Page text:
How this special ed teacher got creative in composing a crucial message to his students.

"What I'm about to tell you will change everything in an instant."

The last person you might expect to give a booming spoken-word performance is a seemingly soft-spoken teacher.

But Craig Duchemin, a special education teacher at Charles Hart Middle School in Washington, D.C., found that it was one of the best ways to reach his students — namely, those with autism.


He uses unique strategies to connect with kids of all backgrounds, and poetry set to music is his most recent approach.

Watch Craig's video below:

Duchemin joins other educators from across the country who partnered with Old Navy's cause platform ONward! to create an album of songs that encourage kids to let their unique selves shine through.

While students in his classroom face a number of challenges, ranging from mild behavioral problems to autism, Duchemin is able to forge special relationships with all of them and communicate with them so effectively that he was recognized for it with an Award for Excellence in Teaching.

All images via Old Navy.

His message, "I choose you," is loud and clear: Each of his students are special, unique, and valuable based on their individual merits as people, not outside factors like appearance or clothes.

"I care more about who you are than who you wear. I choose the brain that oozes creativity, not your hairstyle," he says in his performance piece. "I choose you being different because your difference is brilliance. You are more than a label, more than a definition."

Special educators are truly some of the hardest workers in teaching — and Duchemin is no exception.

In 2009, Teach for America brought him to teach at Hart Middle School, where students also face economic challenges: 100% of students there qualify for free or reduced-price lunches.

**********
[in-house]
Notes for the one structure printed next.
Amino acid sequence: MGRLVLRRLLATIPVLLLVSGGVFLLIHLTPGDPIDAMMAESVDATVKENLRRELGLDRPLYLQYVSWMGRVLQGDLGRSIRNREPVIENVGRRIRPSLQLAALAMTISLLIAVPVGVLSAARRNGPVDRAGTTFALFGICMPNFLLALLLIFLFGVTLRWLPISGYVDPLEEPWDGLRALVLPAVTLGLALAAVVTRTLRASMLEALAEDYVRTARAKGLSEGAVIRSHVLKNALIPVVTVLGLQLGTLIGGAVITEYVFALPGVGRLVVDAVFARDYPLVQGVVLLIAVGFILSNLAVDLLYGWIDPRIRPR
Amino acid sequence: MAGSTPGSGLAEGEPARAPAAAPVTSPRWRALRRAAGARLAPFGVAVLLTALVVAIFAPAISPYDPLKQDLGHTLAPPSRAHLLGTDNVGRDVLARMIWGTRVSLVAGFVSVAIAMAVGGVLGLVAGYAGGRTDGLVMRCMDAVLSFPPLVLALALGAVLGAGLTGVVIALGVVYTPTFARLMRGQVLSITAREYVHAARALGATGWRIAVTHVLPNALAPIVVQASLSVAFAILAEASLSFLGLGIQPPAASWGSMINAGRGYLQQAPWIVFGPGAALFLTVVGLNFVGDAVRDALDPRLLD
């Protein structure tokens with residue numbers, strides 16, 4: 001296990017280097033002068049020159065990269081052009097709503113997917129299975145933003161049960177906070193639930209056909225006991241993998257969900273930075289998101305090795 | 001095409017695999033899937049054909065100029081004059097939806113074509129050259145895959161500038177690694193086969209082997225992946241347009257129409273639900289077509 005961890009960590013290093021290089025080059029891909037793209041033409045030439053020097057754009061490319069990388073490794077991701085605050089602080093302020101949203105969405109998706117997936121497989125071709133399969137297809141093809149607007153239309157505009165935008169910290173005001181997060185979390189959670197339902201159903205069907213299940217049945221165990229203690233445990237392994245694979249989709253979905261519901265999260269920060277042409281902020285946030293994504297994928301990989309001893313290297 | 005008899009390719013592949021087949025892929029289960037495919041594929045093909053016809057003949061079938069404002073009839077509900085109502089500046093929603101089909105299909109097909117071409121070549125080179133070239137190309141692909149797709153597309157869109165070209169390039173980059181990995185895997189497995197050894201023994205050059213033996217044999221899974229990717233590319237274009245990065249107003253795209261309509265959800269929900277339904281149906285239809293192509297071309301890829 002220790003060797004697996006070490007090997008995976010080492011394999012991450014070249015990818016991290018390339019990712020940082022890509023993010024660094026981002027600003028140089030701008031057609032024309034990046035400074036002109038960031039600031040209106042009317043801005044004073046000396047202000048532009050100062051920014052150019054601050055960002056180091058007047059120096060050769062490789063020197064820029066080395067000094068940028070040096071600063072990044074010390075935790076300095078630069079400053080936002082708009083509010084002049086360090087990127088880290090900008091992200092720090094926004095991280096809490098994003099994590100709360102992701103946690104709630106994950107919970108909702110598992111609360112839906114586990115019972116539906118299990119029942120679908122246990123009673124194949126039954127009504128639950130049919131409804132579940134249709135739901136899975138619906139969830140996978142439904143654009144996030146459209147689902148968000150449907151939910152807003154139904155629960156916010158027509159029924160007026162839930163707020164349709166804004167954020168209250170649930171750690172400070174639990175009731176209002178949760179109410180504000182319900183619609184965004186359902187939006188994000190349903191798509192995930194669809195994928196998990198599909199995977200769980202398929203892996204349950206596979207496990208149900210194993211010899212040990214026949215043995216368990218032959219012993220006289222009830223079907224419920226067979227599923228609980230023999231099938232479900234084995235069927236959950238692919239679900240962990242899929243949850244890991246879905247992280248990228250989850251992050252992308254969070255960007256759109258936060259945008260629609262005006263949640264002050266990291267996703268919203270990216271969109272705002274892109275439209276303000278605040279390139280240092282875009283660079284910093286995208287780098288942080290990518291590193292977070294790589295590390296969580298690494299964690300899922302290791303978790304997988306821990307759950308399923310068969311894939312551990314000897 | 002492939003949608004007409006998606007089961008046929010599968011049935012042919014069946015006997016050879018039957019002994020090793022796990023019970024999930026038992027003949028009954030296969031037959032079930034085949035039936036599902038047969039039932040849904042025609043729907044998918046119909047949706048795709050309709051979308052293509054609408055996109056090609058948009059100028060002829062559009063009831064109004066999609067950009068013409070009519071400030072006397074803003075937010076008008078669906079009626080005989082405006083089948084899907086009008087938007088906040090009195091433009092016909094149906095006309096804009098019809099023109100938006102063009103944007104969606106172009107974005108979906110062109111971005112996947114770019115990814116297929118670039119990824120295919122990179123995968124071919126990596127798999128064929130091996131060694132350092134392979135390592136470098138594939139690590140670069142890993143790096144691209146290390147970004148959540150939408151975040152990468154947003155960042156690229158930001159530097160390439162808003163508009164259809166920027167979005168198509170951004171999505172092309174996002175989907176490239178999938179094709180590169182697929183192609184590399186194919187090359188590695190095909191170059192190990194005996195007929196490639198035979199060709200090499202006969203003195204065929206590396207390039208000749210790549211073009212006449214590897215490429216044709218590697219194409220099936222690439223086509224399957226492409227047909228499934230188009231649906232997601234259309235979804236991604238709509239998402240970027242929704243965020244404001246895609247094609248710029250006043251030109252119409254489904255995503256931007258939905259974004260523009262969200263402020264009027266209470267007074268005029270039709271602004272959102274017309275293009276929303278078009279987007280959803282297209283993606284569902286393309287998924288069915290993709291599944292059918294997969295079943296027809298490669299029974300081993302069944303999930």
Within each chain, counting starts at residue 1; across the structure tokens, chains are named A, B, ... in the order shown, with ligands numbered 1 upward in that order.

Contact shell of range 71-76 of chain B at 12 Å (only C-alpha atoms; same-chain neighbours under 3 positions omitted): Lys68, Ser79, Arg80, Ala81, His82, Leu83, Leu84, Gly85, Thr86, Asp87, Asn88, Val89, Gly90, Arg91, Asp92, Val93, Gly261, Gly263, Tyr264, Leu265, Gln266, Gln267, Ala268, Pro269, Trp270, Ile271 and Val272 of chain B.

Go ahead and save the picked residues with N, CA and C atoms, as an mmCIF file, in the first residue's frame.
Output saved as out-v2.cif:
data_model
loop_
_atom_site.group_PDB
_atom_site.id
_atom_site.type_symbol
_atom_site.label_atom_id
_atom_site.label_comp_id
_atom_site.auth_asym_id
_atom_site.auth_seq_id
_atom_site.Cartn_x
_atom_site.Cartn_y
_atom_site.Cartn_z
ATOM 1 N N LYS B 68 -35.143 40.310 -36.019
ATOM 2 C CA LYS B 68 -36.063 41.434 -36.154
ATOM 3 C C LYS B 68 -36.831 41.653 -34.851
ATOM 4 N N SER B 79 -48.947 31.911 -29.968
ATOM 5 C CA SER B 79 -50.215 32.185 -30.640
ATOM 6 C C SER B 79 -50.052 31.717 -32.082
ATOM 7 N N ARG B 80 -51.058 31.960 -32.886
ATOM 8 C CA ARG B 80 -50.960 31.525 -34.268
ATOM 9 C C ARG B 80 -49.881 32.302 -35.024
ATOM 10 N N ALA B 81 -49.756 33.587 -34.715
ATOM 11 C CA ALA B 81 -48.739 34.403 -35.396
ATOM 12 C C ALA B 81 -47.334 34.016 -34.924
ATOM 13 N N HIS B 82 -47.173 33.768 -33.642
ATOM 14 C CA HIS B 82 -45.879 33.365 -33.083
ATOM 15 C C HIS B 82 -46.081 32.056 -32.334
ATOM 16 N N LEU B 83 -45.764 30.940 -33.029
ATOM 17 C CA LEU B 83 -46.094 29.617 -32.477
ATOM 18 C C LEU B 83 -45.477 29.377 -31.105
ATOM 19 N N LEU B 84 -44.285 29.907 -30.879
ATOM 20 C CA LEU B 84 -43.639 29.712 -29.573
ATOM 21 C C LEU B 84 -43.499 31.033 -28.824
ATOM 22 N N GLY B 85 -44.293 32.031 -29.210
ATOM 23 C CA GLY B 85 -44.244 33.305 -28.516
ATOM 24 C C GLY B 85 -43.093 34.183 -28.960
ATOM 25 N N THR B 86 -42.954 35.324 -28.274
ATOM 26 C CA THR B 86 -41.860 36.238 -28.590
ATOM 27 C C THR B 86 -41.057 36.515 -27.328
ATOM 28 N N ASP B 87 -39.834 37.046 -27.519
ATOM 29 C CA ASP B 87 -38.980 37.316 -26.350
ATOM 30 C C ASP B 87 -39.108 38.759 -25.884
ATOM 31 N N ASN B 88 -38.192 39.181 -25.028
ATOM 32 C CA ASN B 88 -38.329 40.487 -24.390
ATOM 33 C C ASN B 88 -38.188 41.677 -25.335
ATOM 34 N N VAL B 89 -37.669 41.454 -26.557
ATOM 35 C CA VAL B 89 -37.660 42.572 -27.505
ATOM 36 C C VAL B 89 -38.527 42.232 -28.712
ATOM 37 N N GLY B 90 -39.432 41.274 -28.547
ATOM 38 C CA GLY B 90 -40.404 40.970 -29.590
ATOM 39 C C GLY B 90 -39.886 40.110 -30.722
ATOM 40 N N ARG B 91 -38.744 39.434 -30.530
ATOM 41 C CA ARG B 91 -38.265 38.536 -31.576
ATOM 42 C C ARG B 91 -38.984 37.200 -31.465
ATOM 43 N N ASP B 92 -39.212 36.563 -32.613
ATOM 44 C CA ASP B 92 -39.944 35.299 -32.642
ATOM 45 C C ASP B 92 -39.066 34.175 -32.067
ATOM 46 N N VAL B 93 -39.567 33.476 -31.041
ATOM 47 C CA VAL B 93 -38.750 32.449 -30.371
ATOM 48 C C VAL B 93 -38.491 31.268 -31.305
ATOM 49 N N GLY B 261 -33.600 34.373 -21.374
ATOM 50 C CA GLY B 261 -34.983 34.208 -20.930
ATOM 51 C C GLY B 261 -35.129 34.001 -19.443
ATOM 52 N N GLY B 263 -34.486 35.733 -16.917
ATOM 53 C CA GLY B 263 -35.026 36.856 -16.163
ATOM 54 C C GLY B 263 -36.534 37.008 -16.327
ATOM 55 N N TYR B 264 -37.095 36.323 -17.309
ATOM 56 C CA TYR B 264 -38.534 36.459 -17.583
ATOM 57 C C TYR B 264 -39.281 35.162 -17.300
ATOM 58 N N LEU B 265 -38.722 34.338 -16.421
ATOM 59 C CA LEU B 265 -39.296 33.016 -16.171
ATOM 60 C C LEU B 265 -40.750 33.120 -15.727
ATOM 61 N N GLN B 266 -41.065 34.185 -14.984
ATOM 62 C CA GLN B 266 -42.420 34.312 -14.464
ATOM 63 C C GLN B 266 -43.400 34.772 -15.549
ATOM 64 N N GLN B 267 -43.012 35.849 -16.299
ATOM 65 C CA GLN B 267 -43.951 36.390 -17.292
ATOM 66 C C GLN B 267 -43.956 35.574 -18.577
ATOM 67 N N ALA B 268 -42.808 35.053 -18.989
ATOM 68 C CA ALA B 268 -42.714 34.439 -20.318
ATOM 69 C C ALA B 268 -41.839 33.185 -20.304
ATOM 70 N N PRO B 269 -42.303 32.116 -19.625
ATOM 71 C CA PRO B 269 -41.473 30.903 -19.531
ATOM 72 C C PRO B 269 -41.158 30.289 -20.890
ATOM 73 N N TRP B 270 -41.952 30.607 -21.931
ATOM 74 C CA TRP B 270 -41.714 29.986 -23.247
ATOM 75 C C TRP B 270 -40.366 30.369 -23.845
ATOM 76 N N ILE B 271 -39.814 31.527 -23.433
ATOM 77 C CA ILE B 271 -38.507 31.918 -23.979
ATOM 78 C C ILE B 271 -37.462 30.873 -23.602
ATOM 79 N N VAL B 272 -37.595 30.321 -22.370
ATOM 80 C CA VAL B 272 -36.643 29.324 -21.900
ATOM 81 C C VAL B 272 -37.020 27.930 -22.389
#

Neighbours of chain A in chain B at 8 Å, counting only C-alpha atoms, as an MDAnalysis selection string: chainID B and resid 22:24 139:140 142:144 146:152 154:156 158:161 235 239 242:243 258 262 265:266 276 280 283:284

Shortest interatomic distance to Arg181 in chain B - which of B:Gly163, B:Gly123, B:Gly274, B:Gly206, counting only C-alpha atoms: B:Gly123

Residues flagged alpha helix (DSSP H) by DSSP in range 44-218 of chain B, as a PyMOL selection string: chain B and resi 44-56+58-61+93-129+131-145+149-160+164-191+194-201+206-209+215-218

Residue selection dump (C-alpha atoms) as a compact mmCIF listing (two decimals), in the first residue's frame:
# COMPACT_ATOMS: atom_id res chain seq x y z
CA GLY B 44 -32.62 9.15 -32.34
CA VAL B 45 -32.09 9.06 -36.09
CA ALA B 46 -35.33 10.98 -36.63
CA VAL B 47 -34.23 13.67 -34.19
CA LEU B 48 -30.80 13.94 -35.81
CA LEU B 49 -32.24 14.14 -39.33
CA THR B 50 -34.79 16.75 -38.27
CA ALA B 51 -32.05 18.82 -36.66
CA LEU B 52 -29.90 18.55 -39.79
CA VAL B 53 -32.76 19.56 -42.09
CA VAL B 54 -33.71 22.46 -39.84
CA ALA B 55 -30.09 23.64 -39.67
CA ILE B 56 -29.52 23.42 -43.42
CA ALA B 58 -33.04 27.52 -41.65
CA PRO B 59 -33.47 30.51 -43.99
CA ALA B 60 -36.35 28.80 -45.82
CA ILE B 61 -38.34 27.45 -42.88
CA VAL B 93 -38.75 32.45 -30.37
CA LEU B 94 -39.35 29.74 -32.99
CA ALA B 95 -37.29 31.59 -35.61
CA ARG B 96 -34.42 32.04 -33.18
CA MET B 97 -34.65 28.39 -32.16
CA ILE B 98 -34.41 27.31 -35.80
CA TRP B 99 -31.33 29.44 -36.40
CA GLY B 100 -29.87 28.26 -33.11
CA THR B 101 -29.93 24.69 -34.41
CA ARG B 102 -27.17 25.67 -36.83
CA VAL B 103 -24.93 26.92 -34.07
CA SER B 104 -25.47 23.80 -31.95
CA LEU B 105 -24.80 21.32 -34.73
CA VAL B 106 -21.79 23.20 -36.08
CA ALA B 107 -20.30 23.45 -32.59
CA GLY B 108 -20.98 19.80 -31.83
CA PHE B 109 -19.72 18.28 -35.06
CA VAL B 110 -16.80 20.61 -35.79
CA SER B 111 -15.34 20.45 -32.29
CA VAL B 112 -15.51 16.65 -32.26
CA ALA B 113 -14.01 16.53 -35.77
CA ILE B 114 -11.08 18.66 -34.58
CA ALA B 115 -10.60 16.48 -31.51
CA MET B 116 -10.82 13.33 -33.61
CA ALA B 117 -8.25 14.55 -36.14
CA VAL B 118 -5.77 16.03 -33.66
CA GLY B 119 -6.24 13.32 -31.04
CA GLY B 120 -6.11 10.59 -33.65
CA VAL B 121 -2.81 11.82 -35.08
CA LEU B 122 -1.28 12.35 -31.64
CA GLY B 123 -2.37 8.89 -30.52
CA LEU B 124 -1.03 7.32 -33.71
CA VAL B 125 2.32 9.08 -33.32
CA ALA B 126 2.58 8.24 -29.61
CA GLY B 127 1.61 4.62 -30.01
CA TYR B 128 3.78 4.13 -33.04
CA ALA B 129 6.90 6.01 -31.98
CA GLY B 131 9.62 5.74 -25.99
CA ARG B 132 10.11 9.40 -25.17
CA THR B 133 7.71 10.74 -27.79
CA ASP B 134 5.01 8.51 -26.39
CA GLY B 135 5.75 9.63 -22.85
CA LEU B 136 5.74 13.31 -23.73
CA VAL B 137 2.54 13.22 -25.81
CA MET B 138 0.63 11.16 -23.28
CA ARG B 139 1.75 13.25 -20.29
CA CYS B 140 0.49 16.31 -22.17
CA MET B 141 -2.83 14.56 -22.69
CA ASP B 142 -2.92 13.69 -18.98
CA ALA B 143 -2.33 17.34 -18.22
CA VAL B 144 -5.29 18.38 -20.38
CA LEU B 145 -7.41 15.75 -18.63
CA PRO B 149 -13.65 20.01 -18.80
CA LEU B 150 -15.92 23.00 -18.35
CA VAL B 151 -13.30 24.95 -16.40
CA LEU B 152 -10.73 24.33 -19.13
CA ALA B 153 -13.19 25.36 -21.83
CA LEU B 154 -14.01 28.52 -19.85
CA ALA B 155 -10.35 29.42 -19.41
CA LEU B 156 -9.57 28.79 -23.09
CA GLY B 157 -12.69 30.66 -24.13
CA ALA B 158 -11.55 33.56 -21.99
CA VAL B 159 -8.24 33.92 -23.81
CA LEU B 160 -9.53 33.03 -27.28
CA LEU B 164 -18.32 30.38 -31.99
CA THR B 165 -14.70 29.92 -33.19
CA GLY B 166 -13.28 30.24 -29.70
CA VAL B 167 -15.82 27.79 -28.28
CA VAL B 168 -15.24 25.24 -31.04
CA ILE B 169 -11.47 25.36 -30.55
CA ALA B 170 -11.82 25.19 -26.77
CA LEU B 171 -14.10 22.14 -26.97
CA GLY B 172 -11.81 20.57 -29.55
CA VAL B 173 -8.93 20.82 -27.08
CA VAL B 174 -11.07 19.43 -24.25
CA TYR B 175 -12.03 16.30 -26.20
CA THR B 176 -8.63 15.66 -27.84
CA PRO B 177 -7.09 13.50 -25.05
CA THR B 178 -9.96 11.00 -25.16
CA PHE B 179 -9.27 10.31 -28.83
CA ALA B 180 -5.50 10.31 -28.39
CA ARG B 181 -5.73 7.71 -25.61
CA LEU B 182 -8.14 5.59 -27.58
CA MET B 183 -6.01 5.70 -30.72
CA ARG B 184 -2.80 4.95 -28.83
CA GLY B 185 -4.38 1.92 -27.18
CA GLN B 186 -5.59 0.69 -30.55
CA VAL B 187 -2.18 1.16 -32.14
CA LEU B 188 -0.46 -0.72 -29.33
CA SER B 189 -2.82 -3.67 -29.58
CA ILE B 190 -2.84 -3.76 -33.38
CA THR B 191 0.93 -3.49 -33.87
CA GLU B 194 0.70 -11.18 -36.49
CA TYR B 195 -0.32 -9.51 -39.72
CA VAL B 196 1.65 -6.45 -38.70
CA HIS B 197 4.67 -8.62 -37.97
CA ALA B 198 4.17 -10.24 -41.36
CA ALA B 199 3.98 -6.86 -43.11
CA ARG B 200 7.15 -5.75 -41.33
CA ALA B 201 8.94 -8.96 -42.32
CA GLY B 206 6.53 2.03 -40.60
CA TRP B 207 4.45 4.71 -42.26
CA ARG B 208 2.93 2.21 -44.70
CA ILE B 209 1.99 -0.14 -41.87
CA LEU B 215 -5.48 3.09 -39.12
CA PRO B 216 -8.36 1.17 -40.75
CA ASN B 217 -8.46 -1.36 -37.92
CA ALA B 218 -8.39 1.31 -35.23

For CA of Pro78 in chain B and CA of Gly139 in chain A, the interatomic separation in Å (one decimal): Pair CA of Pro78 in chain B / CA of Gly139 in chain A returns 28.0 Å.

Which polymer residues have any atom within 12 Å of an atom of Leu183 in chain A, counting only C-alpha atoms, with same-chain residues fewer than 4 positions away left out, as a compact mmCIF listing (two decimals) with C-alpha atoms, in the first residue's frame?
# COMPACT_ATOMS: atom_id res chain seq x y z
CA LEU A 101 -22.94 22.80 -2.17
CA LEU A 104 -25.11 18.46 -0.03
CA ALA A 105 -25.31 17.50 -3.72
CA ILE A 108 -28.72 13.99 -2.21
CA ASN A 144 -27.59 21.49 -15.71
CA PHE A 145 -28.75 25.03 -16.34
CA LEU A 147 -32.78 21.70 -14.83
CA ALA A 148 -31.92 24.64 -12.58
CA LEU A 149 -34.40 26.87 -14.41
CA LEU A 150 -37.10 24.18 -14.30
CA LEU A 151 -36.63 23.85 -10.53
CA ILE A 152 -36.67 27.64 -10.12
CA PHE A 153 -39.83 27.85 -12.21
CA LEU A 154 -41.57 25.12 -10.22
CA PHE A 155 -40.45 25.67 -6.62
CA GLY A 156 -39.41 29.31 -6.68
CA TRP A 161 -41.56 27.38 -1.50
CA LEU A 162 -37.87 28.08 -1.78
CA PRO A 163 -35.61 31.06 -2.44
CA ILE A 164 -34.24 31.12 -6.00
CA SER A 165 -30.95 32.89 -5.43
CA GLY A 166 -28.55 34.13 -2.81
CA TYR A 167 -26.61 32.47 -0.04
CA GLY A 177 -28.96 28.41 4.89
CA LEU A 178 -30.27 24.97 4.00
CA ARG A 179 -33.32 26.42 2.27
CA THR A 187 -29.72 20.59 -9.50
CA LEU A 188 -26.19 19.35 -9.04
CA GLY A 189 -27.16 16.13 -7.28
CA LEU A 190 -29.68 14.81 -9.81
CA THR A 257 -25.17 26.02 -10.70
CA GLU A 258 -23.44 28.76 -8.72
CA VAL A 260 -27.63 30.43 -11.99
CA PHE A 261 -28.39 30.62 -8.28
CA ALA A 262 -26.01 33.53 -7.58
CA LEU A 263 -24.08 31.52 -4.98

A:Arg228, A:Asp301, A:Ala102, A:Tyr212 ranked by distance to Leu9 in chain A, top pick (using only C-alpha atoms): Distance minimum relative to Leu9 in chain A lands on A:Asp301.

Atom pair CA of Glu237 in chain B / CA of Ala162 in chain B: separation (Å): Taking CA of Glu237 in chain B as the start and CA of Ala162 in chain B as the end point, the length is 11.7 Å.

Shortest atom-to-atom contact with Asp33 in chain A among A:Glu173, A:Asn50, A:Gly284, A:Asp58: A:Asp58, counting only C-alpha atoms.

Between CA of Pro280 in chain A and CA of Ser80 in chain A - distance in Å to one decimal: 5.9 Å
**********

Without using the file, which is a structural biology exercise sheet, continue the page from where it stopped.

That's why his work is so important. Duchemin strives to show kids that their individual challenges are part of what make them who they are — and that who they are is special.

His efforts reach beyond the lessons of the classroom, teaching kids to be confident in their own unique selves.

Duchemin's special relationships with his students is what keeps him going.

"That’s the easiest part, loving these students and really getting to know them and developing relationships with them," Duchemin told reporter Carolyn Phenicie in a 2016 interview.

For some of these children, communication can be their #1 barrier to a career, social life, and other opportunities, so a tireless advocate like him can help provide the resources and strategies they need to communicate messages of strength, hope, and self-confidence.

"You are fearless, and worthy, and valuable," he speaks. "You, my friend, matter. You are what this world needs."

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Disney has come under fire for problematic portrayals of non-white and non-western cultures in many of its older movies. They aren't the only one, of course, but since their movies are an iconic part of most American kids' childhoods, Disney's messaging holds a lot of power.